Having visited Hong Kong many times I dont find any location or attraction "off the beaten path" though those on first time trips or flight stop overs would easily fill in a few hours or even days in the tourist areas of Hong Kong Island and Kowloon.
Wong Tai Sin Temple is only a little out of the way being still centrally located close to Wong Tai Sin MTR station on the Kwun Tong Line (green) in East Kowloon.
It is a very popular and well loved Taoist temple for locals, but also a tourist attraction, so dont except too much serenity. It was certainly bustling with people on the day I went. Despite the crowds I still enjoyed wandering about and there are places in the beautifully manicured gardens where you can sit, take in the vibrant atmosphere and watch the crowds hoping to have their wishes granted and fortunes told.
Use Exit E from Wong Tai Sin Station.
This temple is located in Sha Tin and is well worth a visit. Inside there are large Buddah statues and 100s of small ones hence its name.
The temple is located on the hillside overlooking Sha Tin. Part of it was damaged in landslides during the torrential rains that marked the handover in 1997. You can climb the stairs or if you are feeling lazy take the escalator up to the entrance.
The ten thousand Buddahs temple complex is on two levels. The main temple on the lower level was built in 1957. It is dedicated to Kuan Yin, goddess of mercy. In one of the temple buildings is the body of the temple's founder, Yuet Kai. He was a monk who came to Hong Kong after the Second World War. He died at the age of 87 in 1965. Prior to his death he told his followers to exhume his body eight months after they buried him. When his followers found that his body was still in good condition they covered it in lacquer and gilding. Every year on May 26th, which is Buddha's birthday, the body is placed in the Buddha posture in a glass case and can be visited by worshippers.
A visit here could be combined with a stroll through Sha Tin's lovely riverside park or with some shopping in New Town Plaza. If you are feeling energetic, you could even hire a bike and cycle along the banks of the Shing Mun River towards Tai Po.
We went for a heritage trail in Fanling and decided to first take a look at Fung Ying Seen Koon. This is Taoist temple, established in 1929 and built in traditional Chinese Daoist style architecture; altogether there're 7 halls and bulidings (temples), then there are Peng Lai pavilion, sculpture of Chinese zodiac and Dao De Jing mural with 87 immortals and a mural of Huang Emperor. All these are well organized in place and frequented by worshippers. It's indeed very interesting to take a look in any of the temple and although we aren't Daoist ourseves we did a small prayer for our beloved ones and donation by the immortals at Tai Sui Yuan Chen Temple - where each zodiac sign has its own deity.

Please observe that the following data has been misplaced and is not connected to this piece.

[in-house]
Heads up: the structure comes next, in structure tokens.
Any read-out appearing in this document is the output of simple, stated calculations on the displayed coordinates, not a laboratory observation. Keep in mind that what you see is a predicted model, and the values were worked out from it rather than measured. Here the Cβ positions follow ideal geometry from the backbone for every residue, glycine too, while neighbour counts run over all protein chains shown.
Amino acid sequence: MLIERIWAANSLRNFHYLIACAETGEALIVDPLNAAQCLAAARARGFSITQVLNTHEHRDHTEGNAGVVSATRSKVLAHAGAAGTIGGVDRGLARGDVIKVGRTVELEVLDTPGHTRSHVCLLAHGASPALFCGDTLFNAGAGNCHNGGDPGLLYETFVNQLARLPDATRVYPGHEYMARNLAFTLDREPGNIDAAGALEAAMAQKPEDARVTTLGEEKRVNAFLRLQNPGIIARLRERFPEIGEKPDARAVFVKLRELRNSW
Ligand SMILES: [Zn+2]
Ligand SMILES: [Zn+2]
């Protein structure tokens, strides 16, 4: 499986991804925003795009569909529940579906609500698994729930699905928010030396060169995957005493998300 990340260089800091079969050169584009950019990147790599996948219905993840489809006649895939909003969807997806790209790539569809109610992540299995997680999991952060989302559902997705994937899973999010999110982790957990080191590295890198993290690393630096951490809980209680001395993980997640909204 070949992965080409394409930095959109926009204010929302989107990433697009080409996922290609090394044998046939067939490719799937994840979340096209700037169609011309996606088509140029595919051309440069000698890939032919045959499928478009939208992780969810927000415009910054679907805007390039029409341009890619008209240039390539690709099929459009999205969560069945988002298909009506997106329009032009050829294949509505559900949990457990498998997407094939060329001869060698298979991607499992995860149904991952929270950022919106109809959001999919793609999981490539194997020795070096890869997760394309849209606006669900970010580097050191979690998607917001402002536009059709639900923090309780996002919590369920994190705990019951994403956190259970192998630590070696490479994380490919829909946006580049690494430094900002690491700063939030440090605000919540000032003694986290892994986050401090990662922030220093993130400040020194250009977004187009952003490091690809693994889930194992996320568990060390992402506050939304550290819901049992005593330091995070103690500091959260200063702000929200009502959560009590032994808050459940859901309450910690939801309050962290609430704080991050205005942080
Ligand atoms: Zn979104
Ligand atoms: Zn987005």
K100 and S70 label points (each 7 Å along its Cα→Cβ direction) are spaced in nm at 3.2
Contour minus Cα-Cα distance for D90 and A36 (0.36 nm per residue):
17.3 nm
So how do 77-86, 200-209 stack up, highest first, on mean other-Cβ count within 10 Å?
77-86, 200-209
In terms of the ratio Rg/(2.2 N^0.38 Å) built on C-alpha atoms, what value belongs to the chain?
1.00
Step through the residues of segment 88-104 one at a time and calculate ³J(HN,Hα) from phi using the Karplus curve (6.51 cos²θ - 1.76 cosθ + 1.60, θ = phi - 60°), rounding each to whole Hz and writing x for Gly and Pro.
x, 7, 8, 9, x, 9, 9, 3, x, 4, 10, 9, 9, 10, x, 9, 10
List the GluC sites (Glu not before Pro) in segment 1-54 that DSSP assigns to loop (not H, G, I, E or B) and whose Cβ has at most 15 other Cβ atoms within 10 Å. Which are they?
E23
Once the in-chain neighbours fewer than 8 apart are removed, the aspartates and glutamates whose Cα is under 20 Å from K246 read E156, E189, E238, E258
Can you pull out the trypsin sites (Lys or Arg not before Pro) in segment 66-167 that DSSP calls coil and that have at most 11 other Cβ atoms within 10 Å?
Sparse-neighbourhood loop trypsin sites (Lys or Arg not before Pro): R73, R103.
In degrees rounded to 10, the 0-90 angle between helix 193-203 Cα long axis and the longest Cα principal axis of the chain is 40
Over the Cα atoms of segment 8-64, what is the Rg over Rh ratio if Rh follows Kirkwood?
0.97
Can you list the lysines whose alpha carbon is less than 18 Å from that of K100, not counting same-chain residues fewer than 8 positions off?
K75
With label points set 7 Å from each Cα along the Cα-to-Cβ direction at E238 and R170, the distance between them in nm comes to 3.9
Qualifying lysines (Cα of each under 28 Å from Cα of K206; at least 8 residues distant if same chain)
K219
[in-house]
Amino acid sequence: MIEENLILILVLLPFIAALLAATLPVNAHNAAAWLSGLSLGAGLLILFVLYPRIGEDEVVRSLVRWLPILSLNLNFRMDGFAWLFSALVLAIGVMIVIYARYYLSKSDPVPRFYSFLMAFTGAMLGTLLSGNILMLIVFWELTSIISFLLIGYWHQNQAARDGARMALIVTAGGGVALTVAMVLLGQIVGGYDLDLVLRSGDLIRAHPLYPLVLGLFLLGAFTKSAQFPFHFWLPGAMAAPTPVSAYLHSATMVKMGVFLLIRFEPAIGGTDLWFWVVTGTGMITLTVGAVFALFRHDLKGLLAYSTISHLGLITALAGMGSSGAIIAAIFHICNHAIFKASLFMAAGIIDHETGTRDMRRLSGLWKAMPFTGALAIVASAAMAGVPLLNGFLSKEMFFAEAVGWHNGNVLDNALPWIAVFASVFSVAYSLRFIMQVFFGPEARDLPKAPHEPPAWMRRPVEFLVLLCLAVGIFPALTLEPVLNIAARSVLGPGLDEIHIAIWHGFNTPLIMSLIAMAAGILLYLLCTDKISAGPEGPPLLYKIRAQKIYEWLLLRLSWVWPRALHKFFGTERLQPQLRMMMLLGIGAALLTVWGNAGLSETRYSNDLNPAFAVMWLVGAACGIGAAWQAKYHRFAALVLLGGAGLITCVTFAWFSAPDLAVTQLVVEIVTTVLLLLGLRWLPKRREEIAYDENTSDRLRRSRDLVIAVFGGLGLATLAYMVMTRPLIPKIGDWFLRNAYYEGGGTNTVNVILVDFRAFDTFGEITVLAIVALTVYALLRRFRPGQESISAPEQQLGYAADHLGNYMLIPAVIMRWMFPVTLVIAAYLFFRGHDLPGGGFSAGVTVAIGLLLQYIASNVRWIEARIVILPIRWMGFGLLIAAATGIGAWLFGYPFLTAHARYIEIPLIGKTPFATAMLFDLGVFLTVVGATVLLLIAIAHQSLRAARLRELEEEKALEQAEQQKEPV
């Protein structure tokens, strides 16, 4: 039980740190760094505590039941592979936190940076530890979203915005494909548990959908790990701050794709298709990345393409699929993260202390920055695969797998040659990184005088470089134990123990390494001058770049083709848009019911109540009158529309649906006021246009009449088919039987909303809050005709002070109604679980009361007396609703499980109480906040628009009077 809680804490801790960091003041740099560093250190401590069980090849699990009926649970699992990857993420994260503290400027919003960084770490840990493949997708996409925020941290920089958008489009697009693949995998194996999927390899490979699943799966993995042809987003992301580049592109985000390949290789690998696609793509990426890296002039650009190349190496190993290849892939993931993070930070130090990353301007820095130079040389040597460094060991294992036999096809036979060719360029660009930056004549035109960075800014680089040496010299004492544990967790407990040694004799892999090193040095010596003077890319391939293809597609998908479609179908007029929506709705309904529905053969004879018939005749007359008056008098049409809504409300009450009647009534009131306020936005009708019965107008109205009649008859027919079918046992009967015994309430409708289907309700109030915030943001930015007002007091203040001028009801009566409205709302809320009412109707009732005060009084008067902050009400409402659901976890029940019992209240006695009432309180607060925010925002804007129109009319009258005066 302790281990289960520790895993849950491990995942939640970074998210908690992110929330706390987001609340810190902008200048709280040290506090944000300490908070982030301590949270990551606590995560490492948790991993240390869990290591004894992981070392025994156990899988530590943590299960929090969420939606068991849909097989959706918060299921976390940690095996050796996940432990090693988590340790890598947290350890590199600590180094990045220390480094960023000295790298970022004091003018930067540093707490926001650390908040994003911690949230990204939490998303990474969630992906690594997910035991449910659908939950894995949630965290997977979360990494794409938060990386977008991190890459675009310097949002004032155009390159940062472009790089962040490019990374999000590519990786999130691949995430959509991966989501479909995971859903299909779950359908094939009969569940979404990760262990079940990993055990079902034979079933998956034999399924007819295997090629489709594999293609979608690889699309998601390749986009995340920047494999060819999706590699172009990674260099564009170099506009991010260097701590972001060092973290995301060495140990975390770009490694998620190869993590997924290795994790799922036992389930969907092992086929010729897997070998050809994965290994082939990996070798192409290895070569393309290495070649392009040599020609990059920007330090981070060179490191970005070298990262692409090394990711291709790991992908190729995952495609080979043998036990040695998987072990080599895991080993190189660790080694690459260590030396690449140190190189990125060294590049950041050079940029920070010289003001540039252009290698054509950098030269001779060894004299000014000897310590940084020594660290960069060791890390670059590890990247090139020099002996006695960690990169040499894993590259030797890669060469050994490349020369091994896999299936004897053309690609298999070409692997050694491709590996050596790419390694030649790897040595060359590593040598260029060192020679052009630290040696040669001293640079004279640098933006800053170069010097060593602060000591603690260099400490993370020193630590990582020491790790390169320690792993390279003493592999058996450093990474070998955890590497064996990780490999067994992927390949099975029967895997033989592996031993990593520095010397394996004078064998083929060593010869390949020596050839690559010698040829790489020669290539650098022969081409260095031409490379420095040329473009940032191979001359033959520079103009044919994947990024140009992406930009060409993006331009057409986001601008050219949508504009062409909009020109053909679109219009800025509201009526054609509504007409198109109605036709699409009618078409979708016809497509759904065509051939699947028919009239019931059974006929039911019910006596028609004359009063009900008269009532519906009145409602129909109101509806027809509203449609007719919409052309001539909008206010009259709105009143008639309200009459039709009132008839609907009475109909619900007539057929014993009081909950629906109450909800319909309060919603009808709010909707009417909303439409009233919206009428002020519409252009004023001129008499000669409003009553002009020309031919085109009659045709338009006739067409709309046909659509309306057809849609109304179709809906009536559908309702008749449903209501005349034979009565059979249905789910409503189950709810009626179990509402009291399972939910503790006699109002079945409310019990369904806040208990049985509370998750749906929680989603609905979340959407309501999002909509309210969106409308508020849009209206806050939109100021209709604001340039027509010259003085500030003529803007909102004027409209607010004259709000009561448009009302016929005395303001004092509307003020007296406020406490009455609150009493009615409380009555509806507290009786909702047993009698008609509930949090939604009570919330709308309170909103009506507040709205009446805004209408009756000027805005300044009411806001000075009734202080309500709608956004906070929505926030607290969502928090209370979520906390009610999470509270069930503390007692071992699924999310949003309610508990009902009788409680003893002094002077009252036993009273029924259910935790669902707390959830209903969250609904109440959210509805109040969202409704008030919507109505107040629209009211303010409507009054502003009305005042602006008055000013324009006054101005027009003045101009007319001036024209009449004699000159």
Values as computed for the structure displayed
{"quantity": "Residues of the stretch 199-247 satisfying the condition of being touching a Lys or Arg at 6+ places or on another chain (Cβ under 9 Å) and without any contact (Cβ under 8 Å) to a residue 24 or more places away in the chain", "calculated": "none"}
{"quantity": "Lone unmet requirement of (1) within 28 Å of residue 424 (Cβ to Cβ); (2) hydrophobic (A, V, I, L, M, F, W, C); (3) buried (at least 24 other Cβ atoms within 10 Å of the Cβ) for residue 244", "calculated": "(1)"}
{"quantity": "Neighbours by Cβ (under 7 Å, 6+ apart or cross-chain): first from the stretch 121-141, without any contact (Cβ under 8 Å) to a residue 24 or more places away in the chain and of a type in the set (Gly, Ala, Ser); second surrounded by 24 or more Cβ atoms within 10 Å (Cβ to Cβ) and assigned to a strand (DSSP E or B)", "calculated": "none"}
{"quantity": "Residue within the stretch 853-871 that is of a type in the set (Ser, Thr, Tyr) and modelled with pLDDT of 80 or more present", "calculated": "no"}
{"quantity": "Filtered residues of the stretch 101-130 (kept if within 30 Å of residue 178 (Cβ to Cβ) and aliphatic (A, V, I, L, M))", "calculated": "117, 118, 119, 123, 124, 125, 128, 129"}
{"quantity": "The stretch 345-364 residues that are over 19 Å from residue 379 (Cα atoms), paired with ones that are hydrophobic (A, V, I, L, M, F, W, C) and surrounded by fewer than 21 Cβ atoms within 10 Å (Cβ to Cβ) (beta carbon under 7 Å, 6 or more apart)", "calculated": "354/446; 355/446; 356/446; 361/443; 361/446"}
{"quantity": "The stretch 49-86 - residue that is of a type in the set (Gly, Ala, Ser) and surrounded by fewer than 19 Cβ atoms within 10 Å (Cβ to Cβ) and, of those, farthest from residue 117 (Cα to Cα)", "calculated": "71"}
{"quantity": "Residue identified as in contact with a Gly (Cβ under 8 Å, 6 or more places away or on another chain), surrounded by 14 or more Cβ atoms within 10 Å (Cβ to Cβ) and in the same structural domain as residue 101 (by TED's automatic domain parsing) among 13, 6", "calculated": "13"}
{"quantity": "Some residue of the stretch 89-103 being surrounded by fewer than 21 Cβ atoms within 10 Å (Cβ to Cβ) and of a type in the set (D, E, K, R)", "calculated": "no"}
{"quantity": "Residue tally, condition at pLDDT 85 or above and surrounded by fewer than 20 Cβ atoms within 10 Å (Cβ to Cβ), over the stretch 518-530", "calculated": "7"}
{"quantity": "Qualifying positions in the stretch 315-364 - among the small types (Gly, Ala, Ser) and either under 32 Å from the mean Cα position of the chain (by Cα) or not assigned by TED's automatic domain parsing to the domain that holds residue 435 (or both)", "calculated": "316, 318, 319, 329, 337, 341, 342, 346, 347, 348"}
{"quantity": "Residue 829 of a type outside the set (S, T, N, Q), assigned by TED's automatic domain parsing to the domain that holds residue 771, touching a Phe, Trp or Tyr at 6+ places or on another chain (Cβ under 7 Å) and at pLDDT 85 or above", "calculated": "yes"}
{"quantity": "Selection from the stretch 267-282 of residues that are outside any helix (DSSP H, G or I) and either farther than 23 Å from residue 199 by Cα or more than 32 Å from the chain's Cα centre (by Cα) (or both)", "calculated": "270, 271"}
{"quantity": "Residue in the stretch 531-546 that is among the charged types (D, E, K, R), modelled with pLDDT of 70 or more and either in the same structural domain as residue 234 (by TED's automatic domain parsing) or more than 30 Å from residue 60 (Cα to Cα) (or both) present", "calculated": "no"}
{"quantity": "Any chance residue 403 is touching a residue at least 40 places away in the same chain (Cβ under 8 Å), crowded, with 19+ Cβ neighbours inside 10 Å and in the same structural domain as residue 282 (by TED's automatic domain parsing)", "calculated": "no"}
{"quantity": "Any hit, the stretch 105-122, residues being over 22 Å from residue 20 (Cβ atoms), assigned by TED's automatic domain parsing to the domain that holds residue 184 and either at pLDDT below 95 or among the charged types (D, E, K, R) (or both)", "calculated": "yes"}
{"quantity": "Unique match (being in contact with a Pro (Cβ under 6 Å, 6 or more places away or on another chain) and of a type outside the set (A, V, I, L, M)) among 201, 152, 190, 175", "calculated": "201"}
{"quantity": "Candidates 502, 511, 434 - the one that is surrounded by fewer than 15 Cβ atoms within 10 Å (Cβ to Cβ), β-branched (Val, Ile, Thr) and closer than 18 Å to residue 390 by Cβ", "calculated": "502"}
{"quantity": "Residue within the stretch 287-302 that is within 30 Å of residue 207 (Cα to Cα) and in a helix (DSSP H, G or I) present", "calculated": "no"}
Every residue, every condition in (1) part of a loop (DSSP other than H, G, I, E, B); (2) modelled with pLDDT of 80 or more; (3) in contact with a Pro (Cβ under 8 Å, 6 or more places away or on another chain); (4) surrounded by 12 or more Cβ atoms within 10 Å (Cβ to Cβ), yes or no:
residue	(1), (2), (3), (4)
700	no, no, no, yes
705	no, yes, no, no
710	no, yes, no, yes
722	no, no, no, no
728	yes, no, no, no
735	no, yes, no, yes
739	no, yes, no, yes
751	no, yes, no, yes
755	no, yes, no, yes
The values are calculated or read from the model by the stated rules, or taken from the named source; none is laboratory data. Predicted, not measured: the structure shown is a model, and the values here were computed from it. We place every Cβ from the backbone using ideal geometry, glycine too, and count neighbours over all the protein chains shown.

The temple complex is full of details and it took us 2 hours to roughly study these things and it's also pleasant place to relax and watch people.
In the Northern section of the site there are 12 Ancestral halls and the crematorium. Walls of these halls are covered with black and white photos of ancestors and are visited by thier families.
There's also vegetarian kitchen in one of the buildings.
Address: 66, Pak Wo Road, Fanling, New Territories
It's opposite Fanling Railway station, a few minutes walk - follow the signs and/or streams of people
Che Kung Temple is an important temple to visit during the second and third day of Chinese New Year. Hundreds and thousands of people come here to turn the bronze lucky wheel to wish for good fortune for the new year. The huge statue of Che Kung can be found in the temple.
The original temple was built in the 17th century. The present one was renovated in the 1990s.
The temple can be easily accessed by MTR (Tai Wai or Che Kung Temple stations) and buses.